Different local, state, and federal funding sources serve different points on the income spectrum.  Traditionally, publicly funded affordable housing programs have served households earning up to 60% of AMI, with the general assumption that people earning more than that could at least afford market rate rents, if not homeownership.

In San Francisco, in 2019, the median income for a family of four is $123,150. A low-income family of four earning 60% AMI earns $73,900 per year. With market rate rents averaging $3,700/month, that low-income family faces a monthly housing affordability gap of more than $1,800, and would need to earn at least $133,200 in order to afford the average market rate rent.

Solutions

There is a definitive need for affordable housing programs for low-income households. But there is also clearly a need for housing assistance for people earning up to and beyond the city’s median income. When available funds and programs don’t align well with defined needs – and there is simply not enough money to solve the problem, the housing affordability challenge can seem insurmountable.

If there is a silver lining to the current state of housing in the Bay Area, it’s that the affordability crisis has served as a much-needed call to action. Under a regional framework known as the 3Ps (production, preservation, and protections), new programs that seek to facilitate new housing construction, preserve existing affordable housing, and to enact tenant protections have been tried, tested, funded, and legislated at the local, regional, and state levels.  A few highlights include:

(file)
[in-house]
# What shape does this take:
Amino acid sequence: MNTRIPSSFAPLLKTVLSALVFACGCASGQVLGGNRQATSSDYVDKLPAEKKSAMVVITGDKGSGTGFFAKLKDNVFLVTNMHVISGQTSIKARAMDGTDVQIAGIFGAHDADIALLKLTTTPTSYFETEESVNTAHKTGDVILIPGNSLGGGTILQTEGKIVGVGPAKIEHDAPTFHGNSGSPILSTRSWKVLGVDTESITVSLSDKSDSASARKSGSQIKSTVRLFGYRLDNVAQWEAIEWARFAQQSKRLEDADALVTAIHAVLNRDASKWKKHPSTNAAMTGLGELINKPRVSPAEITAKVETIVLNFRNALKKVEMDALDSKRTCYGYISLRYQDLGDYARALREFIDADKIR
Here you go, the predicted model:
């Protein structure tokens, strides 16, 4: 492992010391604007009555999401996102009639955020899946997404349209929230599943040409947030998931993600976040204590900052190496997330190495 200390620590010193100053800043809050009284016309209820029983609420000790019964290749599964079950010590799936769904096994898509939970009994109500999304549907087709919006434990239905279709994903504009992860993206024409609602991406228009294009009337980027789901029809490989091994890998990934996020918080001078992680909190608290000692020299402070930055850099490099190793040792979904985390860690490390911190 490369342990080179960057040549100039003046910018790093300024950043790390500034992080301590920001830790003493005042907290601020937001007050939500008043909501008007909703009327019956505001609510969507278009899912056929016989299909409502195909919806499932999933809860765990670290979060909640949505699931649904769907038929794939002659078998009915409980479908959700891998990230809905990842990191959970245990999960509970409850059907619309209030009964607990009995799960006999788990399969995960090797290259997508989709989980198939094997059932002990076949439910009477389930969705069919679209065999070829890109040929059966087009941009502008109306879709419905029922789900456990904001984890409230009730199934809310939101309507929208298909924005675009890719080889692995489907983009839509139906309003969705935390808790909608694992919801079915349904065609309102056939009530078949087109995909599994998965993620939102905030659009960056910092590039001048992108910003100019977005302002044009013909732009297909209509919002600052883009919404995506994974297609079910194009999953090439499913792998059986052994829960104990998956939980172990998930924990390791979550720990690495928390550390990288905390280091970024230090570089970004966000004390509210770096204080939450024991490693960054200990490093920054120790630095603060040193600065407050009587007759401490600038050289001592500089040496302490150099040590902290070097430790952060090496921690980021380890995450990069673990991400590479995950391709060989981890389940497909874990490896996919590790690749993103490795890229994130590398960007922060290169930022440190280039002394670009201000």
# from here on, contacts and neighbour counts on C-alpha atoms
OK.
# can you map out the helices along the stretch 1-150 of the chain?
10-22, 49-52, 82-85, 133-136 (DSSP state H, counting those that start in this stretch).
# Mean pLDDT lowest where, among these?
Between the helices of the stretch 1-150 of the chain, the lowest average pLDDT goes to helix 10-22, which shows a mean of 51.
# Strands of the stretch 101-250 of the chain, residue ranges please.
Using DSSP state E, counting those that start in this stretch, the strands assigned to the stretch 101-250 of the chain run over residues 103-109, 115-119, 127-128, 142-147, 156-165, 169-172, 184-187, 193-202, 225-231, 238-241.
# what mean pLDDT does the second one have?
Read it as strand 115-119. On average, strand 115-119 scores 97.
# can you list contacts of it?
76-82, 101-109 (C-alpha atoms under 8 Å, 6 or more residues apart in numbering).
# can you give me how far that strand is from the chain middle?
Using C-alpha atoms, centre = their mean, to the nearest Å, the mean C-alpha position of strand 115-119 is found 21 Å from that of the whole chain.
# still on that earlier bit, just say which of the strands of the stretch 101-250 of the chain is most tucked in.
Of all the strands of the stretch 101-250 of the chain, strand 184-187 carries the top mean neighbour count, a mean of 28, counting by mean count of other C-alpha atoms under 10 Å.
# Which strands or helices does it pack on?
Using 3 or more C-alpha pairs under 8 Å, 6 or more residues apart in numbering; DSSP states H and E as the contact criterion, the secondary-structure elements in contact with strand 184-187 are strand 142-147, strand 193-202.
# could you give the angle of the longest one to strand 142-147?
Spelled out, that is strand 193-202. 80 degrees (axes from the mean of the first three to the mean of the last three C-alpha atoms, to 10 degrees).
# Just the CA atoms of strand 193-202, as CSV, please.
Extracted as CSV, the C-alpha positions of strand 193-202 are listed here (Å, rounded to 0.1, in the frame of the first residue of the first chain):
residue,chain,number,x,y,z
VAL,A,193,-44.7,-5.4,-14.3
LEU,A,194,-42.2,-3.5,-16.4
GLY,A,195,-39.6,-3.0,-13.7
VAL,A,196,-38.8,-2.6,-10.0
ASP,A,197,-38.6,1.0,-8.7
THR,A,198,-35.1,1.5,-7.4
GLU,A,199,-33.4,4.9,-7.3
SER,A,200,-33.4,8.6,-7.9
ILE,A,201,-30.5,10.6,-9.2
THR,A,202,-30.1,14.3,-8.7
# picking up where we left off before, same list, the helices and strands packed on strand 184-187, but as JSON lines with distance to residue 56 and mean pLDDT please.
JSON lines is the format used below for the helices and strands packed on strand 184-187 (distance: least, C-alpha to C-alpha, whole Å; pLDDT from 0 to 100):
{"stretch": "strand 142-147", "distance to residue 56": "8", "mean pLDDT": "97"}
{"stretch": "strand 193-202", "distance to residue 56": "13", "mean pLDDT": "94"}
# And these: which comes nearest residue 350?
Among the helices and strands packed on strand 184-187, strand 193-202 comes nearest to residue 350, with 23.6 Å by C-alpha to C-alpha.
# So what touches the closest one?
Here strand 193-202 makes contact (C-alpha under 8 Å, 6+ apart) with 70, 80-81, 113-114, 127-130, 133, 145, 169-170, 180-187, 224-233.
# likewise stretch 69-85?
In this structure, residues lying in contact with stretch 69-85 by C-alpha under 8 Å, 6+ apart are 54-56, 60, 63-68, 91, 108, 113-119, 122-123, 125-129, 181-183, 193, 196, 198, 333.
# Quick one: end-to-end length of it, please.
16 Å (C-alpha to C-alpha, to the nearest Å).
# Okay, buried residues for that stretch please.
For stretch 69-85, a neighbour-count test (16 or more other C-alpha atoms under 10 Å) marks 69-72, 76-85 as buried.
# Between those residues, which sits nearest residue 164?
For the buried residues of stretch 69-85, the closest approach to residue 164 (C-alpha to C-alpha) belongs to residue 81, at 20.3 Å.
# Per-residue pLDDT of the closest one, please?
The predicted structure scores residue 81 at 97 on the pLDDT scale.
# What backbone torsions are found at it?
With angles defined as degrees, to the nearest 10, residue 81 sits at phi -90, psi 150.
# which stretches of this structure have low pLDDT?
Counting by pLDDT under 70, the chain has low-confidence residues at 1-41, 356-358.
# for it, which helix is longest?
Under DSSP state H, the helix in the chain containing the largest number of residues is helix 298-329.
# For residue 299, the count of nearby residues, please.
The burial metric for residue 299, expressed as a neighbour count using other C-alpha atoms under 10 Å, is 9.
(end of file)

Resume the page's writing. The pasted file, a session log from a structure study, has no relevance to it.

• Land: at the State level, the Surplus Land Act clarifies that unused public land should be activated for affordable housing development. At the local level, San Francisco voters will consider a ballot measure in November 2019 that will allow affordable housing on most sites that are publicly owned. In order to better attract and retain teachers, San Francisco has funded the first educator housing development on school district property, and the San Francisco Unified School District has identified three additional parcels as future sites for employee housing.
  • Political Will: Senate Bill 35, authored by Senator Wiener, passed in late 2017 paved the way for by-right, streamlined project approvals and shaving years off of the entitlement timeline for new affordable housing developments. Efforts to upzone in order to encourage transit oriented development, increase density, and add affordable housing to the region have been hotly debated at the regional level and at the State legislature. While Senate Bill 50, also from Senator Wiener, stalled at the end of the last legislative session, it will be considered in the 2020 session.